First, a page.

What’s in a name? Is the Made In America Festival really all that Made In America?
Jay-Z and Anheuser-Busch are back in Philadelphia this weekend for another Made In America Festival, and it should be a big one: Last year’s inaugural event drew about 75,000 concert-goers, and an even larger Labor Day weekend crowd is expected this time around.
Despite disappointing ticket sales last year (promoters had hoped for closer to 100,000 concert-goers), the festival still makes financial sense for all involved. Philadelphia gets an influx of business and weekend of star treatment (Philly even made some money last year). The brewers of Budweiser get to associate their brand with chart-topping musical acts (plus: a big, thirsty, and captive audience to sell marked-up brews to). And Jay-Z gets to put the myriad arms of his business empire to use: Last year his ad agency, Translation, was heavily involved in the festival’s planning; Live Nation, with whom he signed a 10-year, $150M deal in ’08, sold the tickets; and made-in-China Duracell Powermat, the product in which Hova invests and for whom he serves as a spokesman, got plenty of advertising space.
Clearly, there’s something sellable in a music festival in the city of brotherly love, according to Paul Chibe, vice president of U.S. marketing at Anheuser-Busch.
"Philadelphia is extremely attractive because there's not a competitive [East Coast] festival," said Chibe. "America was born in Philly. There was this whole thing [in internal talks] about America being made in Philly, Made in America, the birthplace of America. It's like the perfect place to put this thing."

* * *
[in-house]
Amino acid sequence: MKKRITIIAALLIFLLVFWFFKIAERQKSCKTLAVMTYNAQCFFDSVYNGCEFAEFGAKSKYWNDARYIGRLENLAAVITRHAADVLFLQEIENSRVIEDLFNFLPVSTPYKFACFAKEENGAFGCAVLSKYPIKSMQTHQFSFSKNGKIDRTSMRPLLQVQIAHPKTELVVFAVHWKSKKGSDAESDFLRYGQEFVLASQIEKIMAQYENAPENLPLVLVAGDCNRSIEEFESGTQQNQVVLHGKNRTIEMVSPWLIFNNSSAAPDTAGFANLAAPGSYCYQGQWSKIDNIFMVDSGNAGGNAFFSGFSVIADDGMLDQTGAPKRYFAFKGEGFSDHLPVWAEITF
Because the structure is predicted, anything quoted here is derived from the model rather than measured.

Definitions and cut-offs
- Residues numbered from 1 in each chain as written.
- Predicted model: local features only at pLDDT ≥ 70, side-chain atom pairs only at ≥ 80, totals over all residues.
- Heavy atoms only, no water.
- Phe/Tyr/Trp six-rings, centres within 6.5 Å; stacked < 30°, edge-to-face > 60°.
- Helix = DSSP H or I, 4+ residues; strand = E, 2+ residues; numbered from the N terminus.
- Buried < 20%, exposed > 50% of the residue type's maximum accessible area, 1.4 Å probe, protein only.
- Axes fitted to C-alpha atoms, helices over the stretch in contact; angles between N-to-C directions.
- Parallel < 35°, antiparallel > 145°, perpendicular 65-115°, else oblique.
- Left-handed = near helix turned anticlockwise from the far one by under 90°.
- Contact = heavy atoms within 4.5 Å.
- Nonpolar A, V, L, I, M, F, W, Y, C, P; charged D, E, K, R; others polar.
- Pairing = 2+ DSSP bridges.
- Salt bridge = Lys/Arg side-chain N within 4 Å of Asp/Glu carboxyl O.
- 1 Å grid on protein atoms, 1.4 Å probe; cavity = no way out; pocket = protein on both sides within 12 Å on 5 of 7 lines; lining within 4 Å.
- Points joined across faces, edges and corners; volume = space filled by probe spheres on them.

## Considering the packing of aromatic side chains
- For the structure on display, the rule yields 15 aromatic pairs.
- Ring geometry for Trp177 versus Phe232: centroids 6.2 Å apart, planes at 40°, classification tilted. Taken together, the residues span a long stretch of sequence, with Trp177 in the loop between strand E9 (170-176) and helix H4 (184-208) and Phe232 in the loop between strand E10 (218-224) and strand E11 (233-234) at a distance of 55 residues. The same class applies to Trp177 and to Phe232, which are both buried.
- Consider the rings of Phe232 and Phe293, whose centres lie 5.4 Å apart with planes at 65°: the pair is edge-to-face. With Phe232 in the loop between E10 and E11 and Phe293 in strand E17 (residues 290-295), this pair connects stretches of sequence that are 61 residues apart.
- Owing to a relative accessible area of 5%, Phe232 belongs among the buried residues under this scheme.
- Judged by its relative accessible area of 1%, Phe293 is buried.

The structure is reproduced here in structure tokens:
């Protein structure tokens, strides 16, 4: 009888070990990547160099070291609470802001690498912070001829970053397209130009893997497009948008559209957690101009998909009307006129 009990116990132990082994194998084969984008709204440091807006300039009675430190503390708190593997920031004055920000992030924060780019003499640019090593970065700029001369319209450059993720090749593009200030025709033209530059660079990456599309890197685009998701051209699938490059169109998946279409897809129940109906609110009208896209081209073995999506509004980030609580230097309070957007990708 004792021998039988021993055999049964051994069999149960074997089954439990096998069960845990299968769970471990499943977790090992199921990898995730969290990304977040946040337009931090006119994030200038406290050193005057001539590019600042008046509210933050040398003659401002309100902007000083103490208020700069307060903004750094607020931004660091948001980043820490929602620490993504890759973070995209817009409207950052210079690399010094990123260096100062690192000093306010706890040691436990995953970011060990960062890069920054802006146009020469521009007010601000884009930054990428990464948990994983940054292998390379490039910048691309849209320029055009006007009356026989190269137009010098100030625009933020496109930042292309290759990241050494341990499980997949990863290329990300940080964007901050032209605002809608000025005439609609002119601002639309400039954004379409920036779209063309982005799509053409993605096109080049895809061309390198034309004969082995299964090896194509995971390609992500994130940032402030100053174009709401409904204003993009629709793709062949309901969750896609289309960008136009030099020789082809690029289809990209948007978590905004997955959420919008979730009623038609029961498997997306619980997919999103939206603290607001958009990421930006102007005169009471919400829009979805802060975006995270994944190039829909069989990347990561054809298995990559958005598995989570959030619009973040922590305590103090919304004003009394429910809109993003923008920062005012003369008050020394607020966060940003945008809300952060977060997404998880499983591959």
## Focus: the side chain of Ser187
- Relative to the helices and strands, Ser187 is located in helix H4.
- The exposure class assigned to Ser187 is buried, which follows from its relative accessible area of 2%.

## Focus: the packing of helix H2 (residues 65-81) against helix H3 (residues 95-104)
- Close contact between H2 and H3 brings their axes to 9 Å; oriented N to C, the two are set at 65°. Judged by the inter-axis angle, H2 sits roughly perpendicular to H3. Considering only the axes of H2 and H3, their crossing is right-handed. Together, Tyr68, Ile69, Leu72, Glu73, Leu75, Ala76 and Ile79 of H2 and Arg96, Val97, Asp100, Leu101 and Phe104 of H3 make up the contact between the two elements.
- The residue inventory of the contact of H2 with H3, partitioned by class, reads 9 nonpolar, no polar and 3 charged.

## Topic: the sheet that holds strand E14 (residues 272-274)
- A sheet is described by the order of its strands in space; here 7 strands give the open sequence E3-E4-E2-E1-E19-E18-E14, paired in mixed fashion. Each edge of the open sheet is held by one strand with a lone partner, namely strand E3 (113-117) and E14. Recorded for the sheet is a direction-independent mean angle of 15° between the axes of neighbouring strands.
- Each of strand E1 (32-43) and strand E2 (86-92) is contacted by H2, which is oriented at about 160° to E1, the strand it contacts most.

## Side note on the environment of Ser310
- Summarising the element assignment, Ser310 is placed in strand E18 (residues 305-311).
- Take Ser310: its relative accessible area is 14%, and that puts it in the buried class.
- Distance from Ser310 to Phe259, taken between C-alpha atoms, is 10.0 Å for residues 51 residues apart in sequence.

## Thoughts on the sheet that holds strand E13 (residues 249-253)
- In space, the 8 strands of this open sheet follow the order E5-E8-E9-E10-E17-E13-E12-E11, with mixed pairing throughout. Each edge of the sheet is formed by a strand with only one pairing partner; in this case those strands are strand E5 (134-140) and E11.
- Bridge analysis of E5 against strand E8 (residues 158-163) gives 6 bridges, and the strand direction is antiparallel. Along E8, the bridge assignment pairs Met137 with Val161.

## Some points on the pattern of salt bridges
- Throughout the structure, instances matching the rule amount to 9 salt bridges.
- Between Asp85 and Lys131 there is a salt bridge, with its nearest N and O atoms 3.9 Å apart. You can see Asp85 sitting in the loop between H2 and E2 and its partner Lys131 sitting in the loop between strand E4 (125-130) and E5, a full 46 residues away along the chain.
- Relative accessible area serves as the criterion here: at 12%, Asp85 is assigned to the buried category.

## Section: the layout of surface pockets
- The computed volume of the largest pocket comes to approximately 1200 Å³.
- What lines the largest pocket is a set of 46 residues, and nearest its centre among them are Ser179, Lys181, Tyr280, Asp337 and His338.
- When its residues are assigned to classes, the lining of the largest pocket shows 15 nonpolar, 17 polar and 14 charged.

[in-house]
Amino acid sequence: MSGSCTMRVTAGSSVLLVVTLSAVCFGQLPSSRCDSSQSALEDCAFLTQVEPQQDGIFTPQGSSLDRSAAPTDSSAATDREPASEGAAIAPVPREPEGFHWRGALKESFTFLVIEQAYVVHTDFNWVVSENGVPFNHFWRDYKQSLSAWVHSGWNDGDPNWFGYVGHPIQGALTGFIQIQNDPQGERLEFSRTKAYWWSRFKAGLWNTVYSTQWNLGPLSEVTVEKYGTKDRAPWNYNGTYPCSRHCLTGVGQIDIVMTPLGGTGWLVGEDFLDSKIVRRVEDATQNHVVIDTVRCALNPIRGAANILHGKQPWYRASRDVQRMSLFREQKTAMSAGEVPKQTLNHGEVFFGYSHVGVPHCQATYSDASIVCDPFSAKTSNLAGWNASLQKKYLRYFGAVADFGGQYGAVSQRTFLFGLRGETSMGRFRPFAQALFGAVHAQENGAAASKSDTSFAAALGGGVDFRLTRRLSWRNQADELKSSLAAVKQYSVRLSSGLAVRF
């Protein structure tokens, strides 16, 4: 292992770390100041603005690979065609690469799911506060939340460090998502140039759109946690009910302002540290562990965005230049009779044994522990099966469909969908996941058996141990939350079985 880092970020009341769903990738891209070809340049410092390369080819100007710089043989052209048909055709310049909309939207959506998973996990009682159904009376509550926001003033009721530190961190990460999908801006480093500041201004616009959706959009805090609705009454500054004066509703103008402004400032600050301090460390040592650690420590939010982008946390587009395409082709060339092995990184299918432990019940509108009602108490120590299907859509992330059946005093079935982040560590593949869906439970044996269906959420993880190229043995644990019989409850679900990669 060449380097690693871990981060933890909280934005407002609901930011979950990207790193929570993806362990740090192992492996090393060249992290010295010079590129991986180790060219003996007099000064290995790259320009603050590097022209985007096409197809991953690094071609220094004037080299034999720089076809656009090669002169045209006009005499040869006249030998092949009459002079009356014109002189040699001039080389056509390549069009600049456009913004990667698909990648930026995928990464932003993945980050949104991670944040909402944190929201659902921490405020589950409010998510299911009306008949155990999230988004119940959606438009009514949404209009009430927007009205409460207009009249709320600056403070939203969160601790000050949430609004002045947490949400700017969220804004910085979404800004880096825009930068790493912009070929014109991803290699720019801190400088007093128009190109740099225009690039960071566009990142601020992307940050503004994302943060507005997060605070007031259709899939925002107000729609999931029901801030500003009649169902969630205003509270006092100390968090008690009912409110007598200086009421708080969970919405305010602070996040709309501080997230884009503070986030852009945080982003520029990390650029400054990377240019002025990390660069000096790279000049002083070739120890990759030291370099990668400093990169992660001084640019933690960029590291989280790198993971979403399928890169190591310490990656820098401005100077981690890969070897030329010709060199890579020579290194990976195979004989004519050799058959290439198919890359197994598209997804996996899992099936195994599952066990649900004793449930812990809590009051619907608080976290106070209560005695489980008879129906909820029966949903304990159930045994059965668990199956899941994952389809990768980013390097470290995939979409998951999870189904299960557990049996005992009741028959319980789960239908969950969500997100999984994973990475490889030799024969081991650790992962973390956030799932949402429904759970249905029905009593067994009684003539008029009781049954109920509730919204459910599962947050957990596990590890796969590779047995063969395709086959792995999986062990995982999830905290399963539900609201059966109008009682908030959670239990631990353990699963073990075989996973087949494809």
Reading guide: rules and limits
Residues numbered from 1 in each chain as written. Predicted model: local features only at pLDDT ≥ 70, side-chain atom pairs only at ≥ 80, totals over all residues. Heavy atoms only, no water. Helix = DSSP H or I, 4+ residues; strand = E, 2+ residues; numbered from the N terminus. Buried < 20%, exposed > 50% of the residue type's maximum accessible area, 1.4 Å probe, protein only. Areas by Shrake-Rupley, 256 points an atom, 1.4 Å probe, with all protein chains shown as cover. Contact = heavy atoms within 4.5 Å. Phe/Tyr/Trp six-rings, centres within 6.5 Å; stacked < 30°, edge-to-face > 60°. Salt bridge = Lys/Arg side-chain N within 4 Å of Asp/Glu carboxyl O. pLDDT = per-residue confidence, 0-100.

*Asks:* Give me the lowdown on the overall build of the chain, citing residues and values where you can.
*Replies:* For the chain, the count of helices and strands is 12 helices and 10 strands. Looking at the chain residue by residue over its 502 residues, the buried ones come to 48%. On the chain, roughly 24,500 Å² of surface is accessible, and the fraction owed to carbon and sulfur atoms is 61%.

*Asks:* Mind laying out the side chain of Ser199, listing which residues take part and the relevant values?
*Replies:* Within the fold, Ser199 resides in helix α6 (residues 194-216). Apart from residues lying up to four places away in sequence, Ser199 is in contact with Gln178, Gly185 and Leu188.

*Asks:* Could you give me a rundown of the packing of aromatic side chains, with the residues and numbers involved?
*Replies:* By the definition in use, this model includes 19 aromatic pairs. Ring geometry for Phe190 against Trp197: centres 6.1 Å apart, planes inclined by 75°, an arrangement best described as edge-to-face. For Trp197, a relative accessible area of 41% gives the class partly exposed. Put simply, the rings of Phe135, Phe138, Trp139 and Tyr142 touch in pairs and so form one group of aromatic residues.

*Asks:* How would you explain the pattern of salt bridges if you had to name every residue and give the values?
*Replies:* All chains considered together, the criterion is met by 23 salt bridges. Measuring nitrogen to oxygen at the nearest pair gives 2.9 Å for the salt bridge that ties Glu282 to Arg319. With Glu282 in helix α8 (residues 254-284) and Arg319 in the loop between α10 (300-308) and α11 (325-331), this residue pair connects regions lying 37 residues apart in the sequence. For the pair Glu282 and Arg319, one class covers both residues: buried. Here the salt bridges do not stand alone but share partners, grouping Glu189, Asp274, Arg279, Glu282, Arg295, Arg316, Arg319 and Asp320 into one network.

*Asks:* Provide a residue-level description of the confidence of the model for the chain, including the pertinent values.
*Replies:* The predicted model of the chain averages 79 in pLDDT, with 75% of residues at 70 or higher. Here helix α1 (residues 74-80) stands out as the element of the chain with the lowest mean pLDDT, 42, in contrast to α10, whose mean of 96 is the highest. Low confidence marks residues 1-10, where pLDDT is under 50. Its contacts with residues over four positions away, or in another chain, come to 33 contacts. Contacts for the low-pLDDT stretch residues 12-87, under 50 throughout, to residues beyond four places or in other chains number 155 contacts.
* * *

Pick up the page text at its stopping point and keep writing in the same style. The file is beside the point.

All well and good. But wait: Just how Made In America is the Made In America Festival?
One intrepid blogger contacted Budweiser and Rocawear (the clothing line Jay-Z cofounded in 1999) about the merchandise that was sold during the 2012 event, who confirmed that those materials were, in fact, made in China. That’s about par for the course, seeing as nearly all apparel sold in the States these days is imported.
But what about on stage?
Here was Pearl Jam frontman Eddie Vedder to the crowd during the band’s performance last year.
"We'd like to see a few more things made in America."
We would too! And in fact, so would the vast majority of Americans.
And President Obama, appearing in a video address, had this to say:
“To me, the idea of America is that no matter who you are, what you look like or where you come from, you can make it if you try … Jay-Z did. He didn’t come from power or privilege. He got ahead because he worked hard, learned from his mistakes, and just plain refused to quit. That’s what ‘Made in America’ means.”
Well, that’s a specious interpretation of the term, but one the administration might prefer: Presently, President Obama's campaign promise to create 1 million new manufacturing jobs -- you know, those that make Made In America products -- by the end of his second term is going nowhere, fast.
But unfortunately, that's where the connections between the movement devoted to bringing middle-class manufacturing employment back to the United States (that has fled the country in recent years) and the highly visible festival (promoted by a wing of an international beerselling conglomerate and a hip-hop mogul) that has cribbed its name end. And that's a real missed opportunity, especially in a city that was once known as the "workshop to the world."
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